Interviews:: Dosh

We recently had a chance to pick the brain of Anticon's IDM poster child, Martin Dosh. Dosh's new record - The Lost Take - is fantastic, as are his contributions to Andrew Bird's material. If your looking for new music that escapes the traditional genre borders, Dosh is the man for you.

HH:: My first exposure to the new material was seeing you play it live. When I got the record, it was much more melodic that I expected (after what I heard at the live show). When you are writing songs do you ever consider how they will sound recorded as opposed to how they sound live?
Dosh:: No, i don't really even learn the songs until the album is done. It's been that way with almost all of my recordings. rarely do i develop a song and then record it. It is almost always the reverse. Recording and composing are the same thing to me. By the time I have finished the record, then i have to go back and listen to it, and say, "Hmnn, how am i going to pull this off." Then i have to learn all the parts and practice them, etc, before i can play them live. It's a way to keep it interesting and fun, being all alone up there, you know. I basically treat them as two separate things, and i don't feel an obligation to have the live version be a replica of the recorded version.

HH:: Anticon really started out and is known as an underground hip-hop label. How did you get hooked up with them and how is the relationship for an artist that is really so different from most of their roster?
Dosh:: I got hooked up basically through my work in Fog, Andrew Broder's band. I met them all through playing in that band. When i had finished my first self released cd, i handed out copies to all of the guys on the Mush tour of early 2002, and apparently enough of them liked it to be willing to slap the old ant on the cover and put it out. God bless em.

My relationship with everybody there is great. I've done tours and traveled with all of those guys, and while my music may seem different, there is a common aesthetic going on there. I'd be hard pressed to tell you exactly what it is, but it's there. The fact that no one is really afraid to try new things out has actually helped me to be more confident in what i'm doing.

HH:: The record has so many styles and sounds. When you start putting together tracks, do you worry about how the album flows or are you more concerned with the music on a song by song basis?
Dosh:: The flow thing happens much later. I was probably working on 20 pieces when i started this record, and that got whittled down to 10 (with 2 happening during the last month of mixing). I've found that if i just trust my process, these kind of things will work themselves out. Also, i felt that using the korg sequencer, live drums and mellotron on a large chunk of the record would help glue it together. There is a sameness of sound on this one that probably wasn't as present on my other records. But who knows.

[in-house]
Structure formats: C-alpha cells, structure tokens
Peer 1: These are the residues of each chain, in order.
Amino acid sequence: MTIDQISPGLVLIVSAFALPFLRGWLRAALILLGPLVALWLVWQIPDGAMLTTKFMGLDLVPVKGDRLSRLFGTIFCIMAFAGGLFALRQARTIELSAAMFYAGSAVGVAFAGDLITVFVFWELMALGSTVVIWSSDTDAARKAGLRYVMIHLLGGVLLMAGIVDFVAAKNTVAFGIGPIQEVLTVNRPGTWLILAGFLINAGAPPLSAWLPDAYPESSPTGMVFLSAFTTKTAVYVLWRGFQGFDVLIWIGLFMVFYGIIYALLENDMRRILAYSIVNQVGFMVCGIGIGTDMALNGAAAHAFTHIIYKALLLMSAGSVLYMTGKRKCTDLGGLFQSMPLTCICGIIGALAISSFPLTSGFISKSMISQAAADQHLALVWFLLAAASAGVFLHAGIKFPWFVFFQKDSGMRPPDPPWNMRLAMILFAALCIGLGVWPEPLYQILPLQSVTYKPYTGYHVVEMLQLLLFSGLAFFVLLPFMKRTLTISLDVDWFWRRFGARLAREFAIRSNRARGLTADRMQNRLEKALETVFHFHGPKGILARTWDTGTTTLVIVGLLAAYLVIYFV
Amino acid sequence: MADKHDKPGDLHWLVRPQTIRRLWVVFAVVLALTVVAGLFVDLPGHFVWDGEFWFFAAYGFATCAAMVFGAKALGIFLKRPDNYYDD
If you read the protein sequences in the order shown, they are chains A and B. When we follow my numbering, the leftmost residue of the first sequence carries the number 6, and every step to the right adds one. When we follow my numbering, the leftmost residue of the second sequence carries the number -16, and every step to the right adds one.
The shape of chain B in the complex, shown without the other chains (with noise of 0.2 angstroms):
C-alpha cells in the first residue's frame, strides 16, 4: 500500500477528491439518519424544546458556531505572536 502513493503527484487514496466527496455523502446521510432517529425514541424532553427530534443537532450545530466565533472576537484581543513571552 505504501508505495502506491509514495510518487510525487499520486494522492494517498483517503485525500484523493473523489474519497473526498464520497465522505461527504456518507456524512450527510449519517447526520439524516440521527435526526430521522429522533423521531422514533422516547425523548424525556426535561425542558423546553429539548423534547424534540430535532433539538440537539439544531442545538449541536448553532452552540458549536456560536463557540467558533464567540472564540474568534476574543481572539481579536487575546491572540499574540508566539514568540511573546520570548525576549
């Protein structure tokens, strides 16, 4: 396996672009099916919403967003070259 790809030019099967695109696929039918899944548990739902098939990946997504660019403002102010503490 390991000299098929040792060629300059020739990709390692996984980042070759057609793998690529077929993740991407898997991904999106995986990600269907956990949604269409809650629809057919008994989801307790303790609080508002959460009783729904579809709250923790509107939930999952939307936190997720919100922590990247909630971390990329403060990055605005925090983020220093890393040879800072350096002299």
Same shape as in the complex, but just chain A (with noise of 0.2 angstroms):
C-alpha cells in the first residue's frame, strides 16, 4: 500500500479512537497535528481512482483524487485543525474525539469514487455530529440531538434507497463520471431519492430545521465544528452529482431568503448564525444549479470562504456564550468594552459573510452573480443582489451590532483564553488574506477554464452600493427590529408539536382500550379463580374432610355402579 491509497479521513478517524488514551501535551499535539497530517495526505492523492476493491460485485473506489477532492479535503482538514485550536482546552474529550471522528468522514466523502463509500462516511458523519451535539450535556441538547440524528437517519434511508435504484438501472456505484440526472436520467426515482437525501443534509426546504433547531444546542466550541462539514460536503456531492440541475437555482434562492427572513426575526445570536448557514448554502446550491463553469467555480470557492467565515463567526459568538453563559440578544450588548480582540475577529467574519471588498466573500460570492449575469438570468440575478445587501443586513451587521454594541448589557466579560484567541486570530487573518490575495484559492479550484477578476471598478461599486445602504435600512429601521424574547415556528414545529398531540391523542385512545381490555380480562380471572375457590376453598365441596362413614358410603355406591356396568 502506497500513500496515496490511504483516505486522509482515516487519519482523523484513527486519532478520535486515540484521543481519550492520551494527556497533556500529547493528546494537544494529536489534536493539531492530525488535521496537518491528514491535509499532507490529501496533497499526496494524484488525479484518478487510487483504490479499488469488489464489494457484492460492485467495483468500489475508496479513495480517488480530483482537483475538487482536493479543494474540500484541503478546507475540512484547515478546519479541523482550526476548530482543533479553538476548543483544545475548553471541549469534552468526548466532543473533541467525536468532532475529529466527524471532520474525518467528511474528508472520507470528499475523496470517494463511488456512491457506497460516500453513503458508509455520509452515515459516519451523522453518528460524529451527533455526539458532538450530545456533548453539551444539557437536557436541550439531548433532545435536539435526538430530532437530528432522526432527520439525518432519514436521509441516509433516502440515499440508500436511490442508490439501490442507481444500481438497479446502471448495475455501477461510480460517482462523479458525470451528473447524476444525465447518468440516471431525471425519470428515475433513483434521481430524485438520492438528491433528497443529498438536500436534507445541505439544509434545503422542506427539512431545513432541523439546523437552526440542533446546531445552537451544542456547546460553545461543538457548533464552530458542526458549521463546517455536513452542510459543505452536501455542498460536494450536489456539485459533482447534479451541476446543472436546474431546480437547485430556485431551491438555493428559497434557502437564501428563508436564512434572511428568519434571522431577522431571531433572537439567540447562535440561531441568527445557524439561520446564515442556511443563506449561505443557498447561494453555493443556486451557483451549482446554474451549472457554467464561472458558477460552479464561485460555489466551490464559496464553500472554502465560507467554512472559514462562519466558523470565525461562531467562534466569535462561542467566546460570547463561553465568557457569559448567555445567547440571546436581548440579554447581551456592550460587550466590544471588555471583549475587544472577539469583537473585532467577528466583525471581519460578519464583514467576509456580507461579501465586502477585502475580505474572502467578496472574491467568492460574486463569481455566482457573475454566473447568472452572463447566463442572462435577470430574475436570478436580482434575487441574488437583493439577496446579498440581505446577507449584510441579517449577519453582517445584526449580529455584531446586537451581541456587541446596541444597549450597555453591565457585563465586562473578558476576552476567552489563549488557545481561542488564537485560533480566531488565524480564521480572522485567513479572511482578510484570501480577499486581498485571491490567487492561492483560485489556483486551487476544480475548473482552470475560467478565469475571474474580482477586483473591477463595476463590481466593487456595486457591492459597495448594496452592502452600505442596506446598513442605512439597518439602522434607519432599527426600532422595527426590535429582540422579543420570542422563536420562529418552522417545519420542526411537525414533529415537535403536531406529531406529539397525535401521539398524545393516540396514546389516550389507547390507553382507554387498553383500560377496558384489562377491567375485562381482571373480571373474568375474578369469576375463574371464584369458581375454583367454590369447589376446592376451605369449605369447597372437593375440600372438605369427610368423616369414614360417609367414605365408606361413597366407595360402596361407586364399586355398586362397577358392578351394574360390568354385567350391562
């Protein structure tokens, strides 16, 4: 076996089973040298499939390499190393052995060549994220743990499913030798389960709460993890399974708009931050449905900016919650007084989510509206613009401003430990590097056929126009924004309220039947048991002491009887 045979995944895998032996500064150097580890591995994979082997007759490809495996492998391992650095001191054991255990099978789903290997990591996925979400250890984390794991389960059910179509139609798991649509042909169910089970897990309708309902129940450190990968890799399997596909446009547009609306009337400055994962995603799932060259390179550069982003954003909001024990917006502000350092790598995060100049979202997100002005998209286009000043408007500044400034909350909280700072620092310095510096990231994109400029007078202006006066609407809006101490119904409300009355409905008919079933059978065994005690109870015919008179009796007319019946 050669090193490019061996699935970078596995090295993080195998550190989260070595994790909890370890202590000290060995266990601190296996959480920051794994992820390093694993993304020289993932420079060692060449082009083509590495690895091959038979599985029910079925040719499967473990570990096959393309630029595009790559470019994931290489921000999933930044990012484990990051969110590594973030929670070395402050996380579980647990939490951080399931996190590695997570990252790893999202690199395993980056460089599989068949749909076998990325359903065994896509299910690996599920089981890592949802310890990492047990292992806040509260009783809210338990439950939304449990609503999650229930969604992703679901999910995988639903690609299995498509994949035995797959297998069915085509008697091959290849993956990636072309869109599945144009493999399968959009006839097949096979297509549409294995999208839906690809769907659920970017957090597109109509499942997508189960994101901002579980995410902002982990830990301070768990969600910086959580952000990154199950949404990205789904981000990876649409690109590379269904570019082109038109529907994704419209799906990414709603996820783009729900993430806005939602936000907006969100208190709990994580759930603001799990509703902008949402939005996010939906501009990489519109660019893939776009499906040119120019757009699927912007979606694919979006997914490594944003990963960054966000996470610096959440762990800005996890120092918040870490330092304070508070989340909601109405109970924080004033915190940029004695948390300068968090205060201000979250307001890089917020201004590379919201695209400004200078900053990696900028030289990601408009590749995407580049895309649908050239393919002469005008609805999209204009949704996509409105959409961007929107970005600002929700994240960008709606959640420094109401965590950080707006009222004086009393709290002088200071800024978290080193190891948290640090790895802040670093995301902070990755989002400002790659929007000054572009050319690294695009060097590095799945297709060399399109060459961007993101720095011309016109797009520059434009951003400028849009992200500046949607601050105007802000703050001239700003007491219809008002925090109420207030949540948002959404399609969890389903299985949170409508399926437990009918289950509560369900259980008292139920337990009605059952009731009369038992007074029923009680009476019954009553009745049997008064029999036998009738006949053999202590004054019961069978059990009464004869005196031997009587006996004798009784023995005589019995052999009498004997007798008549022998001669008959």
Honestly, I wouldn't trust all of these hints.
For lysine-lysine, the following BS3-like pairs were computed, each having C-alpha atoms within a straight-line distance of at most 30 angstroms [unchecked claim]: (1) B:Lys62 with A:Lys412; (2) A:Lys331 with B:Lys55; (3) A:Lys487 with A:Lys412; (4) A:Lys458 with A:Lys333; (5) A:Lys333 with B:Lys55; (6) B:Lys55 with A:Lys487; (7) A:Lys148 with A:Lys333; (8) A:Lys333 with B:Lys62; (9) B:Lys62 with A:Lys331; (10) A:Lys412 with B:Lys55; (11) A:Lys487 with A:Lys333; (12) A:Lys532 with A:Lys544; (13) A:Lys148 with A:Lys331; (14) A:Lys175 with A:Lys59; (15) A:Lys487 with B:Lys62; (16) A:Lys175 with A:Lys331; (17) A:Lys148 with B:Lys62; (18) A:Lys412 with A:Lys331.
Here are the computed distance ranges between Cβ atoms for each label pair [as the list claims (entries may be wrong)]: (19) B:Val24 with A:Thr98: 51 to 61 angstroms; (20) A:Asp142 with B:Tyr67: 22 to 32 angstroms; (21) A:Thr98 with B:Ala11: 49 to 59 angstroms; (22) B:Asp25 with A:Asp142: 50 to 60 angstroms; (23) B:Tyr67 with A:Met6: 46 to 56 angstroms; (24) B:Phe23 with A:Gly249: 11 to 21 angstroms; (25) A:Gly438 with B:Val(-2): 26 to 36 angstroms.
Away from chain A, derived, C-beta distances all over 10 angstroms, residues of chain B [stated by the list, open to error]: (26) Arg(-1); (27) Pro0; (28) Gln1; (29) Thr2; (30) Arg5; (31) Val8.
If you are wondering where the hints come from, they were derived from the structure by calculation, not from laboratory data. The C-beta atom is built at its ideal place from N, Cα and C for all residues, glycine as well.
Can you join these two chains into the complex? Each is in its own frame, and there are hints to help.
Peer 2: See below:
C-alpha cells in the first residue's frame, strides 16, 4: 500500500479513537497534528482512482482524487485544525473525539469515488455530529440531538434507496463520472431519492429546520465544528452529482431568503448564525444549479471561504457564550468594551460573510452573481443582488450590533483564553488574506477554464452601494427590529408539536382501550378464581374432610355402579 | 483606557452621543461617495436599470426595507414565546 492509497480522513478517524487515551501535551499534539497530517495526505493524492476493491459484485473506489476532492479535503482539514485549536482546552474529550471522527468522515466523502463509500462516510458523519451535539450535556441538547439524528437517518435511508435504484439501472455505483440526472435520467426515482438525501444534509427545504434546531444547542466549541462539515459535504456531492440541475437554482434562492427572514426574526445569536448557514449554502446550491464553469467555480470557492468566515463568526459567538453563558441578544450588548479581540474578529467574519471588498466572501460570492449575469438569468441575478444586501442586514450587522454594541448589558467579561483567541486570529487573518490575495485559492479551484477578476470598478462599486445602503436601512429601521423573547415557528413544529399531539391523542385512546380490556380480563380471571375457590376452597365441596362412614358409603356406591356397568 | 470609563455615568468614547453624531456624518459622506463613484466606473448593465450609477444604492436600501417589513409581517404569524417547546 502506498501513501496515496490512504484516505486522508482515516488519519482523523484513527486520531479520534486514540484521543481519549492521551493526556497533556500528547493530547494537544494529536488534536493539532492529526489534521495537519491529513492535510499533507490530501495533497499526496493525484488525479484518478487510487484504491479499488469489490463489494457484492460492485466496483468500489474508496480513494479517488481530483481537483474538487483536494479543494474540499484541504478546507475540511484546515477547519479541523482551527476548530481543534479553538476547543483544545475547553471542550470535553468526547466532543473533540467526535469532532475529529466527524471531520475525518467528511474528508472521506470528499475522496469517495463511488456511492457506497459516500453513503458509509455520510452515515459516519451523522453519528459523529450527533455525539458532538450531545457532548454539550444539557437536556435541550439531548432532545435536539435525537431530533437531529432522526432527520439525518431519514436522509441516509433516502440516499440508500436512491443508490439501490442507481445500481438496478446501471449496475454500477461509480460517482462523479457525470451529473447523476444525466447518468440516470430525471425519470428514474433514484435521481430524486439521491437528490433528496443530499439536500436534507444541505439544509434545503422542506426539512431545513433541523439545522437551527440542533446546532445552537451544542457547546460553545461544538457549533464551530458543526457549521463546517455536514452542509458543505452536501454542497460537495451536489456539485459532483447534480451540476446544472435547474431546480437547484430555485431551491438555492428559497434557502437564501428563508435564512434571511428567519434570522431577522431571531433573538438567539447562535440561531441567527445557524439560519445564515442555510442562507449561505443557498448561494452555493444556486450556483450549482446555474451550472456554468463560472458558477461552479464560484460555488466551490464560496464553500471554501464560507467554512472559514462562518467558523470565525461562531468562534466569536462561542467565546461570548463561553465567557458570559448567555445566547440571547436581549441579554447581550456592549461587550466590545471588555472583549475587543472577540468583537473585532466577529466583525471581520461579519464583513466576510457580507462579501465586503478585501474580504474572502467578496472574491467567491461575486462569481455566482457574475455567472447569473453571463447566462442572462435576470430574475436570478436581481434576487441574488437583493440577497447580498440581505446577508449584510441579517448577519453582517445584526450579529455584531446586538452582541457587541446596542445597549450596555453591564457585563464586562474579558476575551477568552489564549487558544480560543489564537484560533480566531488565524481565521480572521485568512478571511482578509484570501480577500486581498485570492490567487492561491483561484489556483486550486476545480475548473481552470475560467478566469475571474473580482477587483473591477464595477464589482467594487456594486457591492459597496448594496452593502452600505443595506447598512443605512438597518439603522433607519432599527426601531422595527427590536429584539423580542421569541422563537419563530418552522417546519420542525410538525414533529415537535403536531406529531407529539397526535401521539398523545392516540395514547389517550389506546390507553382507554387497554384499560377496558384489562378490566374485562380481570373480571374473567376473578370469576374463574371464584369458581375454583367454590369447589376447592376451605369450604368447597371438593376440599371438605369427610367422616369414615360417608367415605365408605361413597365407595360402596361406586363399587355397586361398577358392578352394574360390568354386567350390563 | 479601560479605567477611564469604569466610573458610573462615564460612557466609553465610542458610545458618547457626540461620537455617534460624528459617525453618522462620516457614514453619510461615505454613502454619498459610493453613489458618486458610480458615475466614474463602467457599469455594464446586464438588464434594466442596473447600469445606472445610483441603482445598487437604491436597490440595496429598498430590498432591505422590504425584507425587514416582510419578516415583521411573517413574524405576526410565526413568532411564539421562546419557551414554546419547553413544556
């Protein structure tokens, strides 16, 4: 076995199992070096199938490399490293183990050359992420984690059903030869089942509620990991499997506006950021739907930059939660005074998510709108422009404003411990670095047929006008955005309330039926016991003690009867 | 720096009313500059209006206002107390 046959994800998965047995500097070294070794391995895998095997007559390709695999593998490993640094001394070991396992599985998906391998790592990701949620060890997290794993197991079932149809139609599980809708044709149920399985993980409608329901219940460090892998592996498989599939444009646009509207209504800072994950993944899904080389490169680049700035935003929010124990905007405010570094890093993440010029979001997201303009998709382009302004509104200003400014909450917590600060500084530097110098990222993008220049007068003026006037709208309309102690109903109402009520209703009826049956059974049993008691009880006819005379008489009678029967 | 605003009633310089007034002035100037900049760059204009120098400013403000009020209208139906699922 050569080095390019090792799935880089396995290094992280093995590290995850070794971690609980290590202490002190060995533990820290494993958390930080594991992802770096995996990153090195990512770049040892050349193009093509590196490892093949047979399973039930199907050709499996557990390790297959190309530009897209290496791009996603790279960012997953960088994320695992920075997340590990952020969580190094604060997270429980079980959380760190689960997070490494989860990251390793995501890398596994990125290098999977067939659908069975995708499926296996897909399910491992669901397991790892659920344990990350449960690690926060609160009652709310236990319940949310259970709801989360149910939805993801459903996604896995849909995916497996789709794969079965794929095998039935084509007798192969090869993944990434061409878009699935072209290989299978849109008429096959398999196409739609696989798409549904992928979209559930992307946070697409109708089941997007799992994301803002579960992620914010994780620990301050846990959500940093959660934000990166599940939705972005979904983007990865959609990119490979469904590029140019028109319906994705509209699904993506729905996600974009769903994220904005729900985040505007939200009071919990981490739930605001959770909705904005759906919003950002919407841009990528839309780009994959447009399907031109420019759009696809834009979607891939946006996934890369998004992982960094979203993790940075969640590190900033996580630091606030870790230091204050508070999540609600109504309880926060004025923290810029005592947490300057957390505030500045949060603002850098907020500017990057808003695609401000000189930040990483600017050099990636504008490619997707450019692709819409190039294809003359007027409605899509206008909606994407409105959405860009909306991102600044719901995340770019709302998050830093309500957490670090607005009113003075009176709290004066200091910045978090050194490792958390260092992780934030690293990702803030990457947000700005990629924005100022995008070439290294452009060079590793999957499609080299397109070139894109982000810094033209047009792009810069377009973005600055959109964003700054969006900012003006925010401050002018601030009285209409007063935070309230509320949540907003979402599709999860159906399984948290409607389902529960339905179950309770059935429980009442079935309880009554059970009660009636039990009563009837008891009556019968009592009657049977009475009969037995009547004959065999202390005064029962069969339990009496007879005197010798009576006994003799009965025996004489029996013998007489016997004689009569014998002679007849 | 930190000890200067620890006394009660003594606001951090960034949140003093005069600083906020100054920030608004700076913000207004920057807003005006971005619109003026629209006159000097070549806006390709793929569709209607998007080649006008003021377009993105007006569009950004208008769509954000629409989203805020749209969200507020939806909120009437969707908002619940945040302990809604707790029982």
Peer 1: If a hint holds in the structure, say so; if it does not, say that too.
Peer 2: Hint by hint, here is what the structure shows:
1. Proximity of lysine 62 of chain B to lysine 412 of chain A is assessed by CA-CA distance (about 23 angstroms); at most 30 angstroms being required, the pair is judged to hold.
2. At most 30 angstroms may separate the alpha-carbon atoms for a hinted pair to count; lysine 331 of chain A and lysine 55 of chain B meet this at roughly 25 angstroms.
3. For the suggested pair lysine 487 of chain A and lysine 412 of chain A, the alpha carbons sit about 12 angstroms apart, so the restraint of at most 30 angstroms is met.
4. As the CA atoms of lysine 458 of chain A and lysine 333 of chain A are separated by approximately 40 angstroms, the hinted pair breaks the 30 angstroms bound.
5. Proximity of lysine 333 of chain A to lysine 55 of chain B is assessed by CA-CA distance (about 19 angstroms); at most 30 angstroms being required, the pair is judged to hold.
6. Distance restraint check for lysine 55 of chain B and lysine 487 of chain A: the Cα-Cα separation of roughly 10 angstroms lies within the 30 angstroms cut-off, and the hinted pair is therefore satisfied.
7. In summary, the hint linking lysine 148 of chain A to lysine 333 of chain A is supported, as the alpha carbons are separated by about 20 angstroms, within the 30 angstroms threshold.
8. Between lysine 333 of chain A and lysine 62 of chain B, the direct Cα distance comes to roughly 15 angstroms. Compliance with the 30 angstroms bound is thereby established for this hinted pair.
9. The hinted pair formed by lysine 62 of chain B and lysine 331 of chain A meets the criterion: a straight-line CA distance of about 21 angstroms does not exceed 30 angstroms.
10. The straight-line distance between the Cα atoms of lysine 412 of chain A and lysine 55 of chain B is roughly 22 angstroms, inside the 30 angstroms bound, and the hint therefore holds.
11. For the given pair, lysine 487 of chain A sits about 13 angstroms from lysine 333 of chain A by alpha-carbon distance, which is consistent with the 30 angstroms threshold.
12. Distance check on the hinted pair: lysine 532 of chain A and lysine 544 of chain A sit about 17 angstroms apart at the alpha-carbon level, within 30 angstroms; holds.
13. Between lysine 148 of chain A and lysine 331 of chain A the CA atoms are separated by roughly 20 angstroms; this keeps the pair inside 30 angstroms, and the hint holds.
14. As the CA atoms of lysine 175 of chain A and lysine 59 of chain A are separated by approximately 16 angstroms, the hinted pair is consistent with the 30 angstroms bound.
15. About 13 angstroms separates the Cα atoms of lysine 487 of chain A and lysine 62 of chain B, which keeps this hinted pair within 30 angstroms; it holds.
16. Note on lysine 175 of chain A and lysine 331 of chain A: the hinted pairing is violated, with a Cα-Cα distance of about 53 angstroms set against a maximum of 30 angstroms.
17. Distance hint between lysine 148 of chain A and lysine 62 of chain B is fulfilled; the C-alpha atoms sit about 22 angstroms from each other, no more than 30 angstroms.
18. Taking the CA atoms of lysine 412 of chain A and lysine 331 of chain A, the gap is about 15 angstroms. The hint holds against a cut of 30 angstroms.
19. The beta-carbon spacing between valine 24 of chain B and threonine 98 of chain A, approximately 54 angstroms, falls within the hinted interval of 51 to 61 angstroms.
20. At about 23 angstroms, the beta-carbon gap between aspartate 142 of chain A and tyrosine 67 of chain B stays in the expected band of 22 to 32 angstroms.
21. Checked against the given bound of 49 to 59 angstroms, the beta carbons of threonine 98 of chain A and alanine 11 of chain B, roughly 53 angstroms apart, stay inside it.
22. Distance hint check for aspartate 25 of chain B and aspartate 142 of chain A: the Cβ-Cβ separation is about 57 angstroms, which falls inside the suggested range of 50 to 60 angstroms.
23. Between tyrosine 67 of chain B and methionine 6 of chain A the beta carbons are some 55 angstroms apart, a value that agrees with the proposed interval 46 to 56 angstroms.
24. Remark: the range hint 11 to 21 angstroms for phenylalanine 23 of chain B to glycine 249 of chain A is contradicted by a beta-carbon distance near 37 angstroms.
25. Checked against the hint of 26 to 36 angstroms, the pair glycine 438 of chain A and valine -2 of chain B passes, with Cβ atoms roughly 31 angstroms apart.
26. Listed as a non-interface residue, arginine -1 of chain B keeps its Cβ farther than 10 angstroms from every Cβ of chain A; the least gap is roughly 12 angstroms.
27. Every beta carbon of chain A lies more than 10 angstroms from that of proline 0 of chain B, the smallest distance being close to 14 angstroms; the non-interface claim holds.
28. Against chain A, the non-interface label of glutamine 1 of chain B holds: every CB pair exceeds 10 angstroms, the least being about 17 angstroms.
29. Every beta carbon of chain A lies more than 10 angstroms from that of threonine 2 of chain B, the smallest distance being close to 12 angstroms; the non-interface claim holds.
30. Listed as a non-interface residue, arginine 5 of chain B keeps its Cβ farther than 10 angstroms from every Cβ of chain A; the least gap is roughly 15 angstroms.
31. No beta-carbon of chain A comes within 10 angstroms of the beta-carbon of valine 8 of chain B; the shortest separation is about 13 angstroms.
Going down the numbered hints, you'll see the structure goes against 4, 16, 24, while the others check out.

HH:: When you opened up for Andrew Bird I was really impressed. Not only with your set but by what you added to his show as well. After doing some reading I realized I'm not alone. A lot of people who might not have been exposed to your music are taking notice from your work with Bird. On the new record you collaborate with Bird, as well as some other big names on the Indie scene (ie. some guitar work from Tapes & Tapes). How does the collaboration process work for you? Do you supply the artists with your ideas or is it more give and take?
Dosh:: It is give and take. But it's more like they give and I take. With regards to the guitar stuff, most of those parts were attempts to double the sequencer lines i had composed, but in any case, once the stuff was recorded, i would go back in, resample, chop, relayer parts and just generally mess with the arrangements. Jeremy Ylvisaker helped out a lot with arrangement stuff on Mpls rockand roll...... Most of the sax parts are just doubling the rhodes melody line and then the violin... andrew basically wrote his own parts, as a reaction to the piece, and then i took his parts and did much the same as what i did to the guitars, re-arrange it as i saw fit.

HH:: Your tastes and musical history is very diverse. What artists would you say influenced your style the most?
Dosh:: That's the one isn't it? It's really hard to delve that deeply into my subconscious, First and foremost, my friends influnce me, but if i had to name a few more well known artists..... James brown and Jimi Hendrix, John Bonham, Mitch mitchell. Elvin Jones....Keith Jarrett, Run DMC. Public Enemy. Prince. the Headhunters. Mahavishnu Orchestra. this list could go on.....

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